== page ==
Dr. Nicolas Pedritis What I am afraid they might do is, because they are afraid of Andreas Papandreou mainly because he, as I said, he is considered as the bearer of the new ideas, of the American idea, ideas for democracy, they will be satisfied if they remove Papandreou from Greece and then have a kind of semi-free elections with the sole purpose to having Papandreou out of the political scenario of Greece.

Studs Terkel So obviously the, the, the queue it would seem, the queue that was tossed by Dr. Pedritis is that Andreas Papandreou is a key figure here.

Dr. Nicolas Pedritis Yes.

Studs Terkel And so, this must be part of the scenery of the letters.

Dr. Nicolas Pedritis Exactly.

Studs Terkel Well, gentleman and lady, any further comments you care to make, personal or otherwise, before we say goodbye? I know that Dr. Blanksten and has a class to make at Northwestern, but are there any further comments anyone cares to make about Papandreou, about the theme? Then I just repeat the, the obvious moral, the obvious request is letter, letters to your congressman, senators, to the President concerning life, Greece, but you might say concerning ourselves as well. Thank you very much gentlemen and lady, lady and gentlemen.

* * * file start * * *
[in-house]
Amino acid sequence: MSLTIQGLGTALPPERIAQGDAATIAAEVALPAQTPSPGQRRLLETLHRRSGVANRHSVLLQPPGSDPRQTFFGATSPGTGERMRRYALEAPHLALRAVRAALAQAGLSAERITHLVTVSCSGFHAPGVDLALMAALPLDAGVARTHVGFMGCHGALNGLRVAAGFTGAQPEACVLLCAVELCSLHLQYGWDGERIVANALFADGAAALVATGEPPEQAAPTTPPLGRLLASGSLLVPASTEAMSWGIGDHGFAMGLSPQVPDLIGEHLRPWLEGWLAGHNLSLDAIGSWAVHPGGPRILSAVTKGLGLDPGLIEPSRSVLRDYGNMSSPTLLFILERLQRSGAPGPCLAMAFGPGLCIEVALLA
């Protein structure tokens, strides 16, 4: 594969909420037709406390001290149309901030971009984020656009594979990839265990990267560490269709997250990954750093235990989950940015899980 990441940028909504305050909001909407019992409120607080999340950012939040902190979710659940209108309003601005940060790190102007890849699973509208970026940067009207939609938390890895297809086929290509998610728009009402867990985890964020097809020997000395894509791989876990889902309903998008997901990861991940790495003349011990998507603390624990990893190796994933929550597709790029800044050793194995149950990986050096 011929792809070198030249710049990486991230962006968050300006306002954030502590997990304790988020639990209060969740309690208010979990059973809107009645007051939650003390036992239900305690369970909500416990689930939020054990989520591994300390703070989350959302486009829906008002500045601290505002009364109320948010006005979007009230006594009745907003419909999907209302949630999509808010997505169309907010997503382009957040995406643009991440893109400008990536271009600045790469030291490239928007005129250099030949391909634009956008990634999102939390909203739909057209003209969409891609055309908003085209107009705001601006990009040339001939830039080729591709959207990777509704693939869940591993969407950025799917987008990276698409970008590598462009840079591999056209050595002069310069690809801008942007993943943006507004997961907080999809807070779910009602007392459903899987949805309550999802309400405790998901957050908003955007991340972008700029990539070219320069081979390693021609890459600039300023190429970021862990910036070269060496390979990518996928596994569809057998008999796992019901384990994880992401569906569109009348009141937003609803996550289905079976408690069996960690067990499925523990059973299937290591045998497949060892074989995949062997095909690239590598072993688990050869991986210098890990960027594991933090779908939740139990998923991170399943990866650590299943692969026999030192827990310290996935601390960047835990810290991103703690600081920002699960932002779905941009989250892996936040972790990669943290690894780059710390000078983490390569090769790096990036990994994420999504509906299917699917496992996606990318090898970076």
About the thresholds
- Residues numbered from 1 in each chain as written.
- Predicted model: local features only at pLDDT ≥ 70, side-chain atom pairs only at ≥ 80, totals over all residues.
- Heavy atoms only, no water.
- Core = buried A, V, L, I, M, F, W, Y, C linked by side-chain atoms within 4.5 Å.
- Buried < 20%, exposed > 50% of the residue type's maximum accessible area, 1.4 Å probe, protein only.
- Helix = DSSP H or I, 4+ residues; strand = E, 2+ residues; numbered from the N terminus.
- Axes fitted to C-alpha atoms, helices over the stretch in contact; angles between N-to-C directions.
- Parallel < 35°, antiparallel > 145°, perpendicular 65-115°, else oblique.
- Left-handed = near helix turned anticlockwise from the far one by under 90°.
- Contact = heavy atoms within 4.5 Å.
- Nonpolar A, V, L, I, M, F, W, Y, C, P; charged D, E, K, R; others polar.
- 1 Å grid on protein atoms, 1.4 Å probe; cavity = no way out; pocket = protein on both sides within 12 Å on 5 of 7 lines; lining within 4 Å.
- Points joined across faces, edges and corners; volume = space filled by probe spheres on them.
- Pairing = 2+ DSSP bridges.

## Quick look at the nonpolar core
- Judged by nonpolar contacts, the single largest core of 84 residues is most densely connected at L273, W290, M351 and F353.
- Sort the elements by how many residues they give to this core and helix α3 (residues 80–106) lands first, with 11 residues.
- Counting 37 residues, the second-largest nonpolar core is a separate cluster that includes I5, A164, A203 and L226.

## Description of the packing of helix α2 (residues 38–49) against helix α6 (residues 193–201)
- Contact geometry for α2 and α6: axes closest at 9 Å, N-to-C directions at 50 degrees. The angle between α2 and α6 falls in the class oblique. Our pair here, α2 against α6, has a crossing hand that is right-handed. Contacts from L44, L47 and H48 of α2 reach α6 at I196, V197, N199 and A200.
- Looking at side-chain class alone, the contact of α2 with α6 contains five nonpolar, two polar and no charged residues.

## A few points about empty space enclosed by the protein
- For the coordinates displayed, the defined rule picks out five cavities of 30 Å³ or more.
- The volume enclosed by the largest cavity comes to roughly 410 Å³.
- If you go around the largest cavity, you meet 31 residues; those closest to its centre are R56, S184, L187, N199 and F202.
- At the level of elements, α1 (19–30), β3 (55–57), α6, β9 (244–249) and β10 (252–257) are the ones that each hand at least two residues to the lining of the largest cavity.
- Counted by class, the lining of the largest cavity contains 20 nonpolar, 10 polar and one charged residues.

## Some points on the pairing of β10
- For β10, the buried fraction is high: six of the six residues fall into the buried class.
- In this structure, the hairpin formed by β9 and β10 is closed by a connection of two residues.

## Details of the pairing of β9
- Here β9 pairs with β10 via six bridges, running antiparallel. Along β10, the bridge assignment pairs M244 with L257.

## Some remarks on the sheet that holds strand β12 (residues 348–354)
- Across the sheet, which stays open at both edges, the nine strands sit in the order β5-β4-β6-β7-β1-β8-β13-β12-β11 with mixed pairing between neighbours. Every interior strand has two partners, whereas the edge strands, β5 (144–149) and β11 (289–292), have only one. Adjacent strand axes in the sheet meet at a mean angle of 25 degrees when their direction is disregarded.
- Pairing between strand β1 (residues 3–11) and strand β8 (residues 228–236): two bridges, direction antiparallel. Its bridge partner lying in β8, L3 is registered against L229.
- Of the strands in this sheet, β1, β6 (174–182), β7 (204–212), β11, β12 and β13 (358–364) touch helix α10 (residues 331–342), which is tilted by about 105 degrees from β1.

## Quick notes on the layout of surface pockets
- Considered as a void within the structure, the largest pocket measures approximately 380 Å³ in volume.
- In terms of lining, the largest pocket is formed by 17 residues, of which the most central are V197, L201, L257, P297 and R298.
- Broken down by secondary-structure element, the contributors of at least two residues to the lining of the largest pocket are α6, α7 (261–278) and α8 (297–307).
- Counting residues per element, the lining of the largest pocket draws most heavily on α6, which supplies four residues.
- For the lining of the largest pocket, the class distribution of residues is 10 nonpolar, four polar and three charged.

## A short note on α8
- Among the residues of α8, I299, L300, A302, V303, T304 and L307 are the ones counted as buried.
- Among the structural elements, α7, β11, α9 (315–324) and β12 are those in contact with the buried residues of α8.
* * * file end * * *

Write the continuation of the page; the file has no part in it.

Dr. George Blanksten Thank you.

Studs Terkel Our four guests, I should, our four guests were Dr. George Blanksten, the head of the Political Science Department at Northwestern University, Robert Eisner, head of the Economics Department of Northwestern, Professor Irma Adelman, a member of the faculty of the Economics Department, and Dr. Nicolas Pedritis, who worked with Andreas Papandreou on the formation of the new university in Athens. All four know the man. Thank you very much.